20. FISSION NEUTRON IRRADIATION EFFECT ON INTERLAMINAR SHEAR STRENGTH OF CYANATE ESTER RESIN GFRP AT RT AND 77 K

    SciTech Connect

    Nishimura, A.; Izumi, Y.; Nishijima, S.; Hemmi, T.; Koizumi, K.; Takeuchi, T.; Shikama, T.

    2010-04-08

    A glass fiber reinforced plastic (GFRP) with cyanate ester resin was fabricated and neutron irradiation tests up to 1x10{sup 22} n/m{sup 2} of fast neutron with over 0.1 MeV energy were carried out in fission reactor. The fabrication process of cyanate ester GFRP was established and a collaboration network to perform investigations on irradiation effect of superconducting magnet materials was constructed. Three kinds of samples were fabricated. The first was CTD403 GFRP made by NIFS, the second was (cyanate ester+epoxy) GFRP provided by Toshiba, and the last was CTD403 GFRP made by Toshiba. The irradiation was carried out at JRR-3 in Japan Atomic Energy Agency using Rabbit capsules.After the irradiation, short beam tests were conducted at room temperature and 77 K and interlaminar shear strength (ILSS) was evaluated. The irradiation of 1x10{sup 21} n/m{sup 2} increased ILSS a little but 1x10{sup 22} n/m{sup 2} irradiation decreased ILSS to around 50 MPa. These tendencies were observed in all three kinds of GFRPs.

  1. The Influence of Monomer Chemical Structure on Late-Stage Cure Kinetics of Dicyanate Ester Resins

    DTIC Science & Technology

    2011-05-03

    such as pultrusion [7], filament winding [8], and VARTM [9], with higher maximum use temperatures, better flame, smoke, and toxicity characteristics...esters: VARTM , filament winding and pultrusion.” Proceedings of SAMPE, Vol. 49. Covina, CA: SAMPE International Business Office, 2004, pp. 1895

  2. Environmentally Friendly Bio-Based Vinyl Ester Resins for Military Composite Structures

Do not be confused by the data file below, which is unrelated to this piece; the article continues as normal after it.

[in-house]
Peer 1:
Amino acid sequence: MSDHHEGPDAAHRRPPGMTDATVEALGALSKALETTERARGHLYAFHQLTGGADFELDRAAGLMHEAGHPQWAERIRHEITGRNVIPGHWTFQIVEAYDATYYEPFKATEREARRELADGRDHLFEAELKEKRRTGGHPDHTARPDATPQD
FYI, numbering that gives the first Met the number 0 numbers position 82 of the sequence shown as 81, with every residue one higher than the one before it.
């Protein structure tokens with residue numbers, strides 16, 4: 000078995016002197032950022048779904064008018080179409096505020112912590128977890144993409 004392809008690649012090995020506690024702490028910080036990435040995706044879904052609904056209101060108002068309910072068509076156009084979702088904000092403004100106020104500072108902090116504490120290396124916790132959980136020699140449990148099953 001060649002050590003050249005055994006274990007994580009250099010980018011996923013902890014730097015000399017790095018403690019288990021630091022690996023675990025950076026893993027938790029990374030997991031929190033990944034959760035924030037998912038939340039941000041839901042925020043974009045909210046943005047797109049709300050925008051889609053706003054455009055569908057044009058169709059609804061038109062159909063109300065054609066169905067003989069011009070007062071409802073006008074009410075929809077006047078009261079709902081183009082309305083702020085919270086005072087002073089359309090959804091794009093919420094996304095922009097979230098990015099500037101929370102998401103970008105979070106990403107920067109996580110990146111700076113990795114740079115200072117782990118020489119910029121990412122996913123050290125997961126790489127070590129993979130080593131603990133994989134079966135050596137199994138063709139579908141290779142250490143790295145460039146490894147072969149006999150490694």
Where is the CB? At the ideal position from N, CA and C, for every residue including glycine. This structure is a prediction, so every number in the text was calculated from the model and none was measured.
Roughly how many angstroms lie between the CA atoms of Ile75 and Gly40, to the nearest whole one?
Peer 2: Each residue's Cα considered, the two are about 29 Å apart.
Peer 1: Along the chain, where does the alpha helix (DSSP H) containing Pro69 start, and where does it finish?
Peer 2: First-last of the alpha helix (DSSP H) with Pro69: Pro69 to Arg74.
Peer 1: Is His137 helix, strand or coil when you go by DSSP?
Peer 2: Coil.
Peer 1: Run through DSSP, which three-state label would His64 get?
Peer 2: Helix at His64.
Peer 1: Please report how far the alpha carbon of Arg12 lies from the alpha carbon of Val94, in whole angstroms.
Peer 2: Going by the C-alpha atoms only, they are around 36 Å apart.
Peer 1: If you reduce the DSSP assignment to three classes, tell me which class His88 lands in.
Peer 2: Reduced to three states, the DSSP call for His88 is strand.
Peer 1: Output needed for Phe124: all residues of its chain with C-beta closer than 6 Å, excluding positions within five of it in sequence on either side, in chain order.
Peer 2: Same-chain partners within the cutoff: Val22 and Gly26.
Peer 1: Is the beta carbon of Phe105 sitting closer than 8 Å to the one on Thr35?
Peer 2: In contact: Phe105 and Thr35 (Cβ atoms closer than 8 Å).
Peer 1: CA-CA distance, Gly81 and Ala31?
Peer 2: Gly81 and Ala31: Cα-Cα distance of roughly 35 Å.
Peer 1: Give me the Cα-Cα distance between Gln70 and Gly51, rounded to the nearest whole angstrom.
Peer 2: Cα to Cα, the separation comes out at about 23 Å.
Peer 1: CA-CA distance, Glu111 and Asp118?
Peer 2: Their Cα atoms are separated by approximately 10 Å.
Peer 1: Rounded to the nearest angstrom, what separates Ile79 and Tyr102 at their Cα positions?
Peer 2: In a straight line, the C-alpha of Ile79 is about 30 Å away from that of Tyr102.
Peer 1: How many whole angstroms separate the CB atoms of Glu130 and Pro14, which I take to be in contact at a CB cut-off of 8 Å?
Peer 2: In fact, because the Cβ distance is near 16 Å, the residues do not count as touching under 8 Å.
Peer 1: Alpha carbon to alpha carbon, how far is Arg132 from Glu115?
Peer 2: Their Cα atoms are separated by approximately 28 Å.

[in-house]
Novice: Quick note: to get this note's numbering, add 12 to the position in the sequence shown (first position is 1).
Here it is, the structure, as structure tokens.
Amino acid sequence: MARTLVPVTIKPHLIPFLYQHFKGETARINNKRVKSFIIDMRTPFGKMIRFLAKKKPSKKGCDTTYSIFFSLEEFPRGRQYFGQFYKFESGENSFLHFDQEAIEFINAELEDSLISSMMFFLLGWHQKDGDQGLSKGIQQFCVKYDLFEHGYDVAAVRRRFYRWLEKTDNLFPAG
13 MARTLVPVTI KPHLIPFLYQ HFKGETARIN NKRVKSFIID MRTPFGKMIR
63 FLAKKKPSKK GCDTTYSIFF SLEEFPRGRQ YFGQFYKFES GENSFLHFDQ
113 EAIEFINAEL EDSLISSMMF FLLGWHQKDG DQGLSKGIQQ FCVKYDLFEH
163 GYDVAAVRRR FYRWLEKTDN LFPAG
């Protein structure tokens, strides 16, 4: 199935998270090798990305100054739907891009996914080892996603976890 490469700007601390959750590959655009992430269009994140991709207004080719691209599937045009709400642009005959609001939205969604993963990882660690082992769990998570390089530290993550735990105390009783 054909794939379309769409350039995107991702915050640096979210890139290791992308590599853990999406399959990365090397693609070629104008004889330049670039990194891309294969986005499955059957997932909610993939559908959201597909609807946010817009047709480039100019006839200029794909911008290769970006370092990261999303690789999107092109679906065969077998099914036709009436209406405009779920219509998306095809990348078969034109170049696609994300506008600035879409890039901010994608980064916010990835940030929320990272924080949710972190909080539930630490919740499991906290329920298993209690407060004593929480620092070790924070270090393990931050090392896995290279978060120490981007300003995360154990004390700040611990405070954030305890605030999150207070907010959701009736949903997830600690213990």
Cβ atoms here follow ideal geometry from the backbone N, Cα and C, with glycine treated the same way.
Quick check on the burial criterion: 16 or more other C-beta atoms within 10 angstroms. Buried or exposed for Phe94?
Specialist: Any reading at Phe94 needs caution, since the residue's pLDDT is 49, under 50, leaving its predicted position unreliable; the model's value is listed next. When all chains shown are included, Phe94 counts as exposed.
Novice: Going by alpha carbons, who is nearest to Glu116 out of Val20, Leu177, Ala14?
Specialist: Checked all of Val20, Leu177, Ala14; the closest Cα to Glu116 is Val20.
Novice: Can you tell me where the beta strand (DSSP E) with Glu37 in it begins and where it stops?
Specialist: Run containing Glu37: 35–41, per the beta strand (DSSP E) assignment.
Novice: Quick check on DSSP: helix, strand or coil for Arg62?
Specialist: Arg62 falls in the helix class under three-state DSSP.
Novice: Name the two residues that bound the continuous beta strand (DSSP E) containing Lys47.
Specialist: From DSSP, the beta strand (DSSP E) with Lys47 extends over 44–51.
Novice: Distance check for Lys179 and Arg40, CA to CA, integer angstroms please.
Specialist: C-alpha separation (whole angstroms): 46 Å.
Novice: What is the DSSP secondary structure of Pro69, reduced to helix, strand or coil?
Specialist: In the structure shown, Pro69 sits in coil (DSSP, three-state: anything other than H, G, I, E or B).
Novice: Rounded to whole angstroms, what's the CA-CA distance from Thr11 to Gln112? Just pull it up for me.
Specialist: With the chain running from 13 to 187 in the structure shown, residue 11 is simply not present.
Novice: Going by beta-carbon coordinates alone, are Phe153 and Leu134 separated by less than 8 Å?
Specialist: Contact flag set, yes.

DTIC Science & Technology

    2008-12-01

    Protection Agency, 2003: National Emission Standards for Hazardous Air Pollutants: Reinforced Plastic Composites Production, Federal Register, 68...G.R., 2007: Fatty acid-based vinyl ester composites with low hazardous air pollutant contents, J. of BioBased Matl. and BioEnergy, 1, 409-416

  3. High-Performance Bio-Based Cyanate Ester Resins with Low Moisture Uptake

    DTIC Science & Technology

    2012-08-22

    available as an essential oil extracted from star anise (Illicium verum), an evergreen tree native to southwest China (Yunnan and Guangxi provinces) and...the star anise fruit yields ~90% trans-anethole • The sizes of the global markets for trans-anethole and cyanate esters are similar Photograph of...fruits of star anise (’’Illicium verum’’), taken 17th October 2006 by Brian Arthur and released under the GNU Free Documentation License. All remaining

  4. Bio-Based Cyanate Ester Resins: Improved Performance Through Network Structure Enhancement (Briefing Charts)

    DTIC Science & Technology

    2014-03-17

    Esters and Related Compounds 9   • Compound 10 is an isomer of compound 9 (1,3,5 vs. 1,2,4 substitution); all compounds were prepared by Dr. Matthew...Approved for public release; distribution is unlimited. AFRL Public Affairs # DSC of Trianethole Tricyanate (9) 13 • 1,2,4 Isomer -5 -4 -3 -2 -1 0 1 2...Temperature (°C) Monomer1 (1st heating) Monomer 1 (2nd Heating) DSC of 1,3,5 Isomer (10) 14 • 1,3,5 Isomer10 °C / min. Distribution A. Approved for public

  5. Evaluation of inter-laminar shear strength of GFRP composed of bonded glass/polyimide tapes and cyanate-ester/epoxy blended resin for ITER TF coils

    SciTech Connect

    Hemmi, T.; Matsui, K.; Koizumi, N.; Nishimura, A.; Nishijima, S.; Shikama, T.

    2014-01-27

    The insulation system of the ITER TF coils consists of multi-layer glass/polyimide tapes impregnated a cyanate-ester/epoxy resin. The ITER TF coils are required to withstand an irradiation of 10 MGy from gamma-ray and neutrons since the ITER TF coils is exposed by fast neutron (>0.1 MeV) of 10{sup 22} n/m{sup 2} during the ITER operation. Cyanate-ester/epoxy blended resins and bonded glass/polyimide tapes are developed as insulation materials to realize the required radiation-hardness for the insulation of the ITER TF coils. To evaluate the radiation-hardness of the developed insulation materials, the inter-laminar shear strength (ILSS) of glass-fiber reinforced plastics (GFRP) fabricated using developed insulation materials is measured as one of most important mechanical properties before/after the irradiation in a fission reactor of JRR-3M. As a result, it is demonstrated that the GFRPs using the developed insulation materials have a sufficient performance to apply for the ITER TF coil insulation.